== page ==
Saturday, May 27, 2017

ERNIE COWAN  Union-Tribune Outdoors


As spring teeters on the fulcrum of summer, it’s the smells of nature that ignite the most vivid memories.

A recent drive through the Cuyamaca Mountains was filled with the fragrances that brought back memories of my summer of emancipation. Pine trees, damp summer meadows, the delicate scent of wildflowers, campfires and even fresh air were the accelerants that ignited the fires of
 vivid memories. My 16th summer was spent working as a senior Boy Scout at Camp Hual-Cu-Cuish near Julian. Tucked into the oaks and pines at the edge of a broad meadow, it was home for several glorious weeks.

I was there as free labor to greet arriving young Scouts, watch over them in the swimming pool, lead hikes, or supervise games of Capture the Flag in the golden meadow below the camp. This was my first time away from home for an extended period and my last summer before becoming fully emancipated by getting my driver’s license.

Our small group of senior Scouts became a close gang of good guys that helped set life’s foundation. Such things as being trustworthy, loyal, helpful, friendly and other points of the Scout Law became important life touchstones.

It was a summer of growth when we were expected to be responsible and set good examples for our charges.

Each camp session began on Sunday around noon and ended a week later on Saturday after breakfast. Camp closed for that one day and normally everyone left and returned home. One weekend a few of us decided to stay around and live off the land.

After saying goodbye to
 the departing Scouts, we began our adventure. Julian was our destination, about 10 miles to the north. There was a riding stable near the highway to Julian so we headed there in hopes of catching a ride into town.

There were young cowgirls at the stable and the inevitable flirting began. We tried to impress with our stories of wilderness knowledge and leadership, and they stayed on their horses to demonstrate their command of animals.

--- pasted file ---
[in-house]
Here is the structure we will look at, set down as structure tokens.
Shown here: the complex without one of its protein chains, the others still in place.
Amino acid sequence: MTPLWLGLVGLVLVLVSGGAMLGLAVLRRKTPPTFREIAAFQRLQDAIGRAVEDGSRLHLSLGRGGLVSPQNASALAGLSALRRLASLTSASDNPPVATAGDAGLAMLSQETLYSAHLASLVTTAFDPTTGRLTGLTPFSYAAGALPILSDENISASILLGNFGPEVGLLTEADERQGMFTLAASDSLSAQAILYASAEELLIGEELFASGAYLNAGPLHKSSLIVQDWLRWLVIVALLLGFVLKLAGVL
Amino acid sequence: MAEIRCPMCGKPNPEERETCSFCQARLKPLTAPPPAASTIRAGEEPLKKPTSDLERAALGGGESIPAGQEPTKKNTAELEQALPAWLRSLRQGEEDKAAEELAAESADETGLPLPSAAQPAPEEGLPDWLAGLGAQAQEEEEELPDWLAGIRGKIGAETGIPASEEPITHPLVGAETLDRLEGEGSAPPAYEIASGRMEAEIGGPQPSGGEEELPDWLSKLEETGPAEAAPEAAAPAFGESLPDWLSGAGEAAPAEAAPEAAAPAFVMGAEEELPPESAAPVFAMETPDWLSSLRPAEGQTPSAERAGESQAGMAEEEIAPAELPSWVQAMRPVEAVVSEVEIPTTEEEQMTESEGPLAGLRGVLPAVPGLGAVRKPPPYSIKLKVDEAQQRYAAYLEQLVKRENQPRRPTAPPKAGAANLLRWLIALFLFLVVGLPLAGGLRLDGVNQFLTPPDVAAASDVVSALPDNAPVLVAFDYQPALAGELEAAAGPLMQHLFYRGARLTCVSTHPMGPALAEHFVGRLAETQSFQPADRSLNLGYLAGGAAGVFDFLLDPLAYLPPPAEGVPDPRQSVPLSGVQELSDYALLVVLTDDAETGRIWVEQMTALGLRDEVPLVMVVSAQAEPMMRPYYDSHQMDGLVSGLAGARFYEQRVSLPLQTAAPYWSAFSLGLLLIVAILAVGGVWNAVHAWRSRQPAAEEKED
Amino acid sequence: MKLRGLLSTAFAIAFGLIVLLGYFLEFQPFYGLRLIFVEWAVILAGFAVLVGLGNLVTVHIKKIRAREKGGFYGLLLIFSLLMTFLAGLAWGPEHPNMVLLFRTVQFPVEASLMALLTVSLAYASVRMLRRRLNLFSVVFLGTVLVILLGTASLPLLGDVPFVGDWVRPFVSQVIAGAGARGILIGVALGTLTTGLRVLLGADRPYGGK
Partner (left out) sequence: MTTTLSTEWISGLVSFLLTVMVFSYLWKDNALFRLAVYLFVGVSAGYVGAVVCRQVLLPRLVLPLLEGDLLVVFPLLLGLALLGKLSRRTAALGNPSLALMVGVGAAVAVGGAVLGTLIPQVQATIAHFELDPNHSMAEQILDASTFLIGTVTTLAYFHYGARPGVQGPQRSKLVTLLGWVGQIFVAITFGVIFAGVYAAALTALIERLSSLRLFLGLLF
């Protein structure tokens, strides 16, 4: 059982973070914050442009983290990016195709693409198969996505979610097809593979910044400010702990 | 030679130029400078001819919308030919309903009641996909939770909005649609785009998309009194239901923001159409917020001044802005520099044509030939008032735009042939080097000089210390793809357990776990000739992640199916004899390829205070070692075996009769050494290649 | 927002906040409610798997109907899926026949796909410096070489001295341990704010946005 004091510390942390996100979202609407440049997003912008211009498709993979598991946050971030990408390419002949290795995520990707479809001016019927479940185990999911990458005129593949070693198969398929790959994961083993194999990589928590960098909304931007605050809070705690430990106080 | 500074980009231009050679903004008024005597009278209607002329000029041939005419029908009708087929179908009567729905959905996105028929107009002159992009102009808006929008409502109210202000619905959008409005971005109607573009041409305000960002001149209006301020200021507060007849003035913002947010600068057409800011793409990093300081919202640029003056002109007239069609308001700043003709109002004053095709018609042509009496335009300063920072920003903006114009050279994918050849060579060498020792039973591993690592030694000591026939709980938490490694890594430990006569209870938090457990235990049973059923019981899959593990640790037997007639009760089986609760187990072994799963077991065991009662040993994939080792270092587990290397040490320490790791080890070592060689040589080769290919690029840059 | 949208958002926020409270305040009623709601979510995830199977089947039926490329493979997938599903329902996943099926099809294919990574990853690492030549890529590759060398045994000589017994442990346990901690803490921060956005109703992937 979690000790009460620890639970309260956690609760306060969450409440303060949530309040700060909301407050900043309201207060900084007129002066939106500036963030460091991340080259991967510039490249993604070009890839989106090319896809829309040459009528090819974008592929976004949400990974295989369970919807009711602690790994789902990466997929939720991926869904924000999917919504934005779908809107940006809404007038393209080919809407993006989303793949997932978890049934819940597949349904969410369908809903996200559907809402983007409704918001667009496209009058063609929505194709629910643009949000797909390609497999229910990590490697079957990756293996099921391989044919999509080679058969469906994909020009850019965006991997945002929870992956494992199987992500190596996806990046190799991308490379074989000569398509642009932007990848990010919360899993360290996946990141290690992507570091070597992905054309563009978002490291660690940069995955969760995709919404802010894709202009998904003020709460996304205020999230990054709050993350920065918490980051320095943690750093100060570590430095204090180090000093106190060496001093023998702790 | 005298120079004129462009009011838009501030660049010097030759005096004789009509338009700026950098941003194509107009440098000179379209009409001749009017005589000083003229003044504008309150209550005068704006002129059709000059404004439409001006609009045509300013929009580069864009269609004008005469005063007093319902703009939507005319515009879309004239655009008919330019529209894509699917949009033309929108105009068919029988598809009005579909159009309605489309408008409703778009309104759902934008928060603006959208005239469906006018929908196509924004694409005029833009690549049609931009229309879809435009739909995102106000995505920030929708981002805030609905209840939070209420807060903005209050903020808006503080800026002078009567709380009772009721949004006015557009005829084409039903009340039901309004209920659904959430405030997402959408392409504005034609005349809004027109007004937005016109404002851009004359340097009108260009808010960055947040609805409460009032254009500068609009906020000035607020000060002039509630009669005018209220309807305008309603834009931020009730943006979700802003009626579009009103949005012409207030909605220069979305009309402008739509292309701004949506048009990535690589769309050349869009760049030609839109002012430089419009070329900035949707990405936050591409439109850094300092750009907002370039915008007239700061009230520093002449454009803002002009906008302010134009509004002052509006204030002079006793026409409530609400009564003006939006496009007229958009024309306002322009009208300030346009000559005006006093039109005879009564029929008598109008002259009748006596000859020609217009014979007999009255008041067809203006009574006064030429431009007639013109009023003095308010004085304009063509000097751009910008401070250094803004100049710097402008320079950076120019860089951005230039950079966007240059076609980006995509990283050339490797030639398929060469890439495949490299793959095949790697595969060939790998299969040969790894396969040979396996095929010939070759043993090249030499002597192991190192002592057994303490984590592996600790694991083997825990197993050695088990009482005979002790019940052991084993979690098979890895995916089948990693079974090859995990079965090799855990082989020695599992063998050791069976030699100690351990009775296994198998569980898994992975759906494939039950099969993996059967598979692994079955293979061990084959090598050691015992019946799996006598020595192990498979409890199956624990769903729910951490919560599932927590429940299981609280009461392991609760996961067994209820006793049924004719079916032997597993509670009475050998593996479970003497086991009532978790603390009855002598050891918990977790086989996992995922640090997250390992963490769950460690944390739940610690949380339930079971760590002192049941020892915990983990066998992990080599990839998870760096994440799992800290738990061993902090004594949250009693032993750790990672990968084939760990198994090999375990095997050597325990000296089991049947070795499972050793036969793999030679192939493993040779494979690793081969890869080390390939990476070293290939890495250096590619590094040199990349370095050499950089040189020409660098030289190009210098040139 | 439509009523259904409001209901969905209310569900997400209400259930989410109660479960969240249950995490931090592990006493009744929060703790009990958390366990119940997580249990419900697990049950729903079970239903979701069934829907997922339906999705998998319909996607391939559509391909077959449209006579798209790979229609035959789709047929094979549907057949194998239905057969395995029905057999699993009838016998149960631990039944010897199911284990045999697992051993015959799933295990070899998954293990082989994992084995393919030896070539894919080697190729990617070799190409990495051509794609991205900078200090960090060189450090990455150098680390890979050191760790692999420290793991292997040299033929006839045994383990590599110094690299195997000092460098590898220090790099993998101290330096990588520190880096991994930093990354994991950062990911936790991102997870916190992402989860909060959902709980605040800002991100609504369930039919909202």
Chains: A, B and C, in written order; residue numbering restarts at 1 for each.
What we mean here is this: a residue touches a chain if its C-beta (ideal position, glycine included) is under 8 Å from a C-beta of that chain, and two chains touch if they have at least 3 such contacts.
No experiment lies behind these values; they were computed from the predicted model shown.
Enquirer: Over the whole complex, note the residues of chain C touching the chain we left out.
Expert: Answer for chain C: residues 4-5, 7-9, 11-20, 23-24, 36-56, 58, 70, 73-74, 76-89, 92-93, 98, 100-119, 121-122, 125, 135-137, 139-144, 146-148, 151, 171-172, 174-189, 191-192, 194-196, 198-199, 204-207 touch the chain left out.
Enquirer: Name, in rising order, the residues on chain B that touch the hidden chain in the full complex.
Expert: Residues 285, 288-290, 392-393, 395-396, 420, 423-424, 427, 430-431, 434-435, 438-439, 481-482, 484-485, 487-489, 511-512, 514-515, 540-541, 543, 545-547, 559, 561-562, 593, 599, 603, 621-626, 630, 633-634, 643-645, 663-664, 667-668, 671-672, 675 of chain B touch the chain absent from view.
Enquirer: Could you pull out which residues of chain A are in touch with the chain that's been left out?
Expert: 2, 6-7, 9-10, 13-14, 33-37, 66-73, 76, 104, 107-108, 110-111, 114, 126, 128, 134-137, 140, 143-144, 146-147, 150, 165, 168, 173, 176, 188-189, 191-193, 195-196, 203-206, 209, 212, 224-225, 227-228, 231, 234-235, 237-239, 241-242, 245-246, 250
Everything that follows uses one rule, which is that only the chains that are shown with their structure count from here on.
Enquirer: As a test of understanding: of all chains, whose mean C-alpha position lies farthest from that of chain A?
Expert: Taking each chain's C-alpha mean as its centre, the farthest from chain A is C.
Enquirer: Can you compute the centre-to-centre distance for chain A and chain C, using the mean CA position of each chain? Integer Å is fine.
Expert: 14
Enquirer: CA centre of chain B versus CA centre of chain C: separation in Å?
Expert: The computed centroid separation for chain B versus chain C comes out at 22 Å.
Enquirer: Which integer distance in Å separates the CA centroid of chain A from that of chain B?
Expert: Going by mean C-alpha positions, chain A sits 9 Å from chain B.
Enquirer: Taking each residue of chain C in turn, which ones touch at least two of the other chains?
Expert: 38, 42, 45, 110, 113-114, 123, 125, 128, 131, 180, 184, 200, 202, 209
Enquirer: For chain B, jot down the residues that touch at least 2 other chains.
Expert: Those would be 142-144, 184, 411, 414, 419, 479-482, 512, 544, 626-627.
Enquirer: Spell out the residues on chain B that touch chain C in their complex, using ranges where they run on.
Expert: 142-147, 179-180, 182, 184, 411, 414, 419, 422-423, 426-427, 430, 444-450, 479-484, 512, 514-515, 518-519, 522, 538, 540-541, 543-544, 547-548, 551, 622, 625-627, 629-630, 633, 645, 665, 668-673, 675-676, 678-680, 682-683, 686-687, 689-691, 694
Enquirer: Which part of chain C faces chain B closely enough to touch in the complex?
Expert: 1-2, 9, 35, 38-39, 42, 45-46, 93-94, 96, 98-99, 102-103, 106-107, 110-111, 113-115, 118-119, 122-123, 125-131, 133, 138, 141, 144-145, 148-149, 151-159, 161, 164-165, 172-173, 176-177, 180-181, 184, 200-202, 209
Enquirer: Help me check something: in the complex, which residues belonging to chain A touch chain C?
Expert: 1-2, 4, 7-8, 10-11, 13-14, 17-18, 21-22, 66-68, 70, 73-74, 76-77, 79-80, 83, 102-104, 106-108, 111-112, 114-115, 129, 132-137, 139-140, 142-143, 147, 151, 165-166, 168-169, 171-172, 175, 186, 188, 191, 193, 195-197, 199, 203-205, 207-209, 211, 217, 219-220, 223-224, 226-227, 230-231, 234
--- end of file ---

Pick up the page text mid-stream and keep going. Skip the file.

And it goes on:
There may also have been an element of escape included in their plan.

We lingered longer than necessary, but eventually caught a ride into Julian. Like any young men in port for liberty, Julian was our Tenderloin for a glorious afternoon, including apple pie and ice cream. There may have been some canned tuna for dinner, as well.

We spent the night
 camped on the ground someplace in the surrounding forest and made our way back to Hual-Cu-Cuish the next day in time for the arrival of the new wave of campers.

A few days later, while teaching younger Scouts how to lash poles together, riders appeared in the distant meadow. My heart skipped a beat when I realized that two cowgirls were approaching on horseback.

I dashed into the meadow to greet them. After all, these were old mountain friends, at least in my mind.

Comments were made about how cute I looked in my uniform and at some point there was an innocent teenage kiss as one of the girls leaned down from her horse. Then there was talk of another, more clandestine meeting.

One of the riders suggested a rendezvous that night on the fire road above
 the Boy Scout Camp. My heart soared. This was the greatest summer ever.

There was a problem,
 however. Wednesday night was mandatory hike night. The senior Scouts were all required to take the younger visitors on a hike after dinner. How would I get out this? I picked at my dinner and made a few comments about not feeling well. To my surprise, an adult leader said I didn’t look very good and suggested I go see the camp nurse.

Continuing my act, I visited the nurse. She took my temperature and announced that I had a low fever. I was ecstatic when she suggested I should probably not go on the mandatory hike.

With theatrical aplomb I sadly waved goodbye to the departing hikers, then raced to my ramada to prepare for
 my midnight rendezvous, scheduled for 9 p.m.

I donned by cleanest Scout uniform, full merit badge sash, knee socks and tassels at the calf. The cowgirl was impressed by a man in uniform, and I didn’t want to disappoint.

As the Scouts hiked the rocky trail to Stonewall Peak, I was preparing for an adventure of the heart, whatever that might be.

At the appointed hour I slipped into the woods and made my way to the fire road above camp.

In the softness of a dark summer night I waited. The smells of the forest etched into my mind.

Alas, my Valkyrie never
 materialized from the shadows and like the mythical female Norse spirits who choose who live or die in battle, I was about to become a fallen soldier in the conflict of love. Now I really was feeling

 At 16, affairs of the heart are like lip balm. It’s soothing and sweet for a moment, but soon gone and forgotten.

But each spring as I drive through the mountains and meadows of my youth, the fragrances of nature allow me to drift back to my summer of emancipation.